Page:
31 May 2017 – The Arthur C. Clarke Foundation and its UK partner the British Interplanetary Society are pleased to announce the winners of the Sir Arthur Clarke Centenary Awards. In a meticulously planned ceremony, sponsored by the UK Space Agency, at the UK Space Conference Gala Dinner in the sumptuously dressed and glittering Victoria Warehouse, awards were presented to 11 deserving winners.
Some 500 conference delegates and 100 Award Finalists and guests attended the evening and after a look back by David Parker, Director of Human Spaceflight and Robotic Exploration, ESA and former Chief Executive, UK Space Agency, to the small beginnings of the UK Space Conference at Charterhouse School in 1998 and the introduction of the first Sir Arthur Clarke Awards in 2005, a lavish dinner was served. This was followed by the presentation of an award to the winner of the day’s Soapbox Presentations, Nobu Okada, Founder of Astroscale Pte Ltd., for his talk on ‘End-of-life (EOL) Management Service for Mega Constellations’.
Then came probably the most poignant and stirring moment of the evening when Rebecca Evernden, Director of Policy, UK Space Agency, introduced the Arthurs and handed the first envelope over to Tim Peake, ESA Astronaut, to read out the winner of a very Special Lifetime Space Achievement Award, NASA Astronaut Piers Sellers, who sadly died in December 2016. Tim paid tribute to Piers and his passion for Space and in particular the effect of Climate Change on the Earth, before showing a short, but very moving video of many of Piers’ NASA colleagues, friends and family telling their often-amusing stories of Piers’ life in NASA and in Space . Tim then presented the Award to Piers’ godchildren, Isabel and Max Sellers, his niece and nephew, who were representing the Sellers family while the rest of them were in Washington for another memorial ‘celebration’. Isabel and Max spoke eloquently about Piers and the inspiration he had been in their lives. It was as if Piers was handing over the baton, or torch, to the next generation – a truly memorable moment!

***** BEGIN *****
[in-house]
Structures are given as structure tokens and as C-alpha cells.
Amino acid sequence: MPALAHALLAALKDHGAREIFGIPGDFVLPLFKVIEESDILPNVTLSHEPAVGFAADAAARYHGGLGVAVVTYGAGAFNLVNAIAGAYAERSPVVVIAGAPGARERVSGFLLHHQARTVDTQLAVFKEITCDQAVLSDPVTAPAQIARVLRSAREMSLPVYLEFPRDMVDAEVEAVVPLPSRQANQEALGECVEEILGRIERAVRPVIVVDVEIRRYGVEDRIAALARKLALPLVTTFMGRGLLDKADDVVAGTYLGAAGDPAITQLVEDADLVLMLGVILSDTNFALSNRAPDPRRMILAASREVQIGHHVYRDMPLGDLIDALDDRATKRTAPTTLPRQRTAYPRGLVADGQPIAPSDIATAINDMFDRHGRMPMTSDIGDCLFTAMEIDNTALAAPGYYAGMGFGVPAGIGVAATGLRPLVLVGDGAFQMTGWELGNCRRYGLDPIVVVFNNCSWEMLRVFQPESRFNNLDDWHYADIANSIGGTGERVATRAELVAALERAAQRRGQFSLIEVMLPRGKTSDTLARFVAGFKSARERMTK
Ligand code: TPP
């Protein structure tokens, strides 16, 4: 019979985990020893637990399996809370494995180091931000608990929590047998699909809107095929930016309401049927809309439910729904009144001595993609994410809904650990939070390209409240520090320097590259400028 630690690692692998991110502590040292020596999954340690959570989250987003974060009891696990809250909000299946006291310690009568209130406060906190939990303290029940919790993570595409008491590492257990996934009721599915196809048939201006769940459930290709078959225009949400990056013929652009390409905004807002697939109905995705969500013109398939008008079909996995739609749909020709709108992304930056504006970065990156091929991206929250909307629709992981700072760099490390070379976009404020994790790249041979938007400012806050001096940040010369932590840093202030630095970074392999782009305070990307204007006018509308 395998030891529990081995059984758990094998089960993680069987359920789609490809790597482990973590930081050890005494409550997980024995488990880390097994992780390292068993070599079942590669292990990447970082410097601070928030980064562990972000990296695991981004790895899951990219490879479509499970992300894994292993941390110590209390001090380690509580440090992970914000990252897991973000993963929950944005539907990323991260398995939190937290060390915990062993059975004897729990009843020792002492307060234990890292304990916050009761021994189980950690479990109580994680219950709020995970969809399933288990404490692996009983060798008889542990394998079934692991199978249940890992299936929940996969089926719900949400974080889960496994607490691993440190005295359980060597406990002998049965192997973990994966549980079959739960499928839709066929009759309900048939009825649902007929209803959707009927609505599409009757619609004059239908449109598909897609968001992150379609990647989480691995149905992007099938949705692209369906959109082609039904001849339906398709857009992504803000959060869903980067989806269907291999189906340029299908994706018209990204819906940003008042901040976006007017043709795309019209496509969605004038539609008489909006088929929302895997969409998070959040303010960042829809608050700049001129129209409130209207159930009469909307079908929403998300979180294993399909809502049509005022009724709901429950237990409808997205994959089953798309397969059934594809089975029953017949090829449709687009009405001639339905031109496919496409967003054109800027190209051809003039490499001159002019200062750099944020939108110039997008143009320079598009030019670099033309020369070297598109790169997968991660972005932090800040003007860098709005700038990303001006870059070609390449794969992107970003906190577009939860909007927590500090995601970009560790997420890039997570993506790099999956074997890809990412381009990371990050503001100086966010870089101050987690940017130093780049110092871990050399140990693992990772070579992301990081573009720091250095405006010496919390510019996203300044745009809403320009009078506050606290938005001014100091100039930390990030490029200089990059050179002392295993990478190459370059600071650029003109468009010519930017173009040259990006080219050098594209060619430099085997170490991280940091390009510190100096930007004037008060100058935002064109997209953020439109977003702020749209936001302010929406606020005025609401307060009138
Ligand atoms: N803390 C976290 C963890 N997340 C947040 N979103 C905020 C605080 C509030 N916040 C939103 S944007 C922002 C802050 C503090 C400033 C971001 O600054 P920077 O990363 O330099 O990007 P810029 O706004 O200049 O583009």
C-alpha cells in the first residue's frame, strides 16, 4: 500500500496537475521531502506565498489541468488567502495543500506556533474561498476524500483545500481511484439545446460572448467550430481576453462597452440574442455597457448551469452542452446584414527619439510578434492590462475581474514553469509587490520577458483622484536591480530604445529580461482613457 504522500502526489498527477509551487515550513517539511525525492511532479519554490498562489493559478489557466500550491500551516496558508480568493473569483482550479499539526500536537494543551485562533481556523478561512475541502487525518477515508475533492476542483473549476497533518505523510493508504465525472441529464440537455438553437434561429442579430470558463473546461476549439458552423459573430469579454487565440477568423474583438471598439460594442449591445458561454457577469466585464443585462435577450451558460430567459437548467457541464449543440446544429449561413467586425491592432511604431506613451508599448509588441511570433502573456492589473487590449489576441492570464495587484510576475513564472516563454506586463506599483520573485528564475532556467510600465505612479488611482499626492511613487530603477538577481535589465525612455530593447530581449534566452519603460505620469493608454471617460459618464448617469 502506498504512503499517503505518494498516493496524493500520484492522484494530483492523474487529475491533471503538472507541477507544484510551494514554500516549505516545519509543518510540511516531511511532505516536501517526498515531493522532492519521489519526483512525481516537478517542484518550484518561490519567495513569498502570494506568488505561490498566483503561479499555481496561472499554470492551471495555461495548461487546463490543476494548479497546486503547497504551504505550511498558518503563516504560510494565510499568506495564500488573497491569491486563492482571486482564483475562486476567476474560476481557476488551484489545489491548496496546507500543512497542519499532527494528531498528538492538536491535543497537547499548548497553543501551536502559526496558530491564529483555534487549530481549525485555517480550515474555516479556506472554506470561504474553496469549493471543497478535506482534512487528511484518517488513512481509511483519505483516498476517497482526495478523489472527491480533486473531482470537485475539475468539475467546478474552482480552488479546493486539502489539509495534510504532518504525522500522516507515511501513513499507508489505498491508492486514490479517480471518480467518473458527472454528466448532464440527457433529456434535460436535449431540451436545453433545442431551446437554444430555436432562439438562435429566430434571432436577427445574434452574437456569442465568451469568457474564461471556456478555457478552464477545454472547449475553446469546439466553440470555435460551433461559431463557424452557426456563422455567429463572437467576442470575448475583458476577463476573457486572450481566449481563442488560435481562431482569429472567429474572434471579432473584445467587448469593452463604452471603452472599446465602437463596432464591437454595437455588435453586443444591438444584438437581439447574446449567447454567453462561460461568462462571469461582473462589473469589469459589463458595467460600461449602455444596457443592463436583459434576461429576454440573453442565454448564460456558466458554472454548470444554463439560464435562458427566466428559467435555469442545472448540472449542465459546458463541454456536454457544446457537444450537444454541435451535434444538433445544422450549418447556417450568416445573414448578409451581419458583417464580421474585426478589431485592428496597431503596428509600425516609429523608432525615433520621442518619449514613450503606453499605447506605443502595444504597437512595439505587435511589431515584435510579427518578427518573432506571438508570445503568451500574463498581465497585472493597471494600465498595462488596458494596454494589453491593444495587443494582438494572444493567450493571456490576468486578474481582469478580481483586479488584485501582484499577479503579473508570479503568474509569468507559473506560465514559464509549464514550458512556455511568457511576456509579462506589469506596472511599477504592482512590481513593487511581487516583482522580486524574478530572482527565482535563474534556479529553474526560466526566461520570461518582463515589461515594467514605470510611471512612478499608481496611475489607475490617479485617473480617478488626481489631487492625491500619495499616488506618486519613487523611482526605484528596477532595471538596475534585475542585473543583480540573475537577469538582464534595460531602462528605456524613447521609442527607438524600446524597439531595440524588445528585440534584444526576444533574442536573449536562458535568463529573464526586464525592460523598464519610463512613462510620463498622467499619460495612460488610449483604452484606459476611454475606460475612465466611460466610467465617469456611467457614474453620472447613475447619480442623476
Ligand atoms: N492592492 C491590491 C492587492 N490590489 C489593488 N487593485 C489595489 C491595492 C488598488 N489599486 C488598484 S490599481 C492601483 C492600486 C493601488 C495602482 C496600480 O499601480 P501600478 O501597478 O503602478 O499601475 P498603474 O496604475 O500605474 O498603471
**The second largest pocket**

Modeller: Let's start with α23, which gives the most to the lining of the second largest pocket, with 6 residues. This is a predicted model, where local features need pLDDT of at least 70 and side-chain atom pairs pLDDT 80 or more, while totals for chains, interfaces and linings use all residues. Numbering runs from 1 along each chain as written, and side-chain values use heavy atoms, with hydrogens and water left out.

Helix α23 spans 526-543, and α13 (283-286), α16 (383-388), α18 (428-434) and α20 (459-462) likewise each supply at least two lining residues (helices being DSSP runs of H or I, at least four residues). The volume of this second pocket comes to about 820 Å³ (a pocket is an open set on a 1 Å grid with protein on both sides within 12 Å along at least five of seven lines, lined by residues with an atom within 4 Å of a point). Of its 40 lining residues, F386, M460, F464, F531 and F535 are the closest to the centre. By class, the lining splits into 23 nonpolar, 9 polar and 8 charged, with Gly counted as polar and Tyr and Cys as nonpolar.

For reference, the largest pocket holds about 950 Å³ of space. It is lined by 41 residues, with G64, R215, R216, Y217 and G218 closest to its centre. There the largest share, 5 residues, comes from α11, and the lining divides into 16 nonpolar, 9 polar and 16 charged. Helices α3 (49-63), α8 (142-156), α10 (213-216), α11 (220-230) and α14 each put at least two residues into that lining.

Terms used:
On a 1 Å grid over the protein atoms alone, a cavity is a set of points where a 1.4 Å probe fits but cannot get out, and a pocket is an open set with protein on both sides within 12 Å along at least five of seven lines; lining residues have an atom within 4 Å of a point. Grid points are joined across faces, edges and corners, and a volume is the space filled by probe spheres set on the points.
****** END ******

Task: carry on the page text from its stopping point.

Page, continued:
Rebecca resumed control and announced each award and its finalists in turn, while Tim opened the envelopes, announced the winners and presented the awards, to the ‘whoops’ of the winners’ supporters and commiserations to the runners-up. They worked their way fairly swiftly through the 10 remaining awards as listed below, culminating in the Lifetime and International Space Achievement Awards.
The Lifetime Award was won by Paul Flanagan for his many years of support for the UK space sector through his work as Secretary General, UKspace, the UK Space Trade Body, while Roy Gibson, the first Director General of the European Space Agency (ESA) and later the British National Space Centre(BNSC), walked away with the International Award for putting the UK Space sector firmly on the international map back in the mid-70s when forming ESA and the mid-80s when founding BNSC.
Other significant award winners were the Gaia Teams who won both an Industry Award and an Academic Award, Oxford Nanopore Technologies, for their DNA Sequencer on the ISS, Alan Bond for his Skylon launcher, Dallas Campbell, the Media Award for his enthusiastic, relaxed, but informative presentation style and his education and outreach activities and the Cranspace Student Team for its Mars Fly-by Mission. With so many nominations for the Education and Outreach Award, the judges decided to split the Award in two, a Team Award and an Individual Award. The Science Museum Team was rewarded for its amazing Cosmonaut Exhibition and Kathie Bowden for her innovative Space Placements in Industry (SPIN) Scheme.
For details on all finalists see: http://www.bis-space.com/2017/05/26/19027/the-sir-arthur-clarke-centenary-awards-finalists-announced.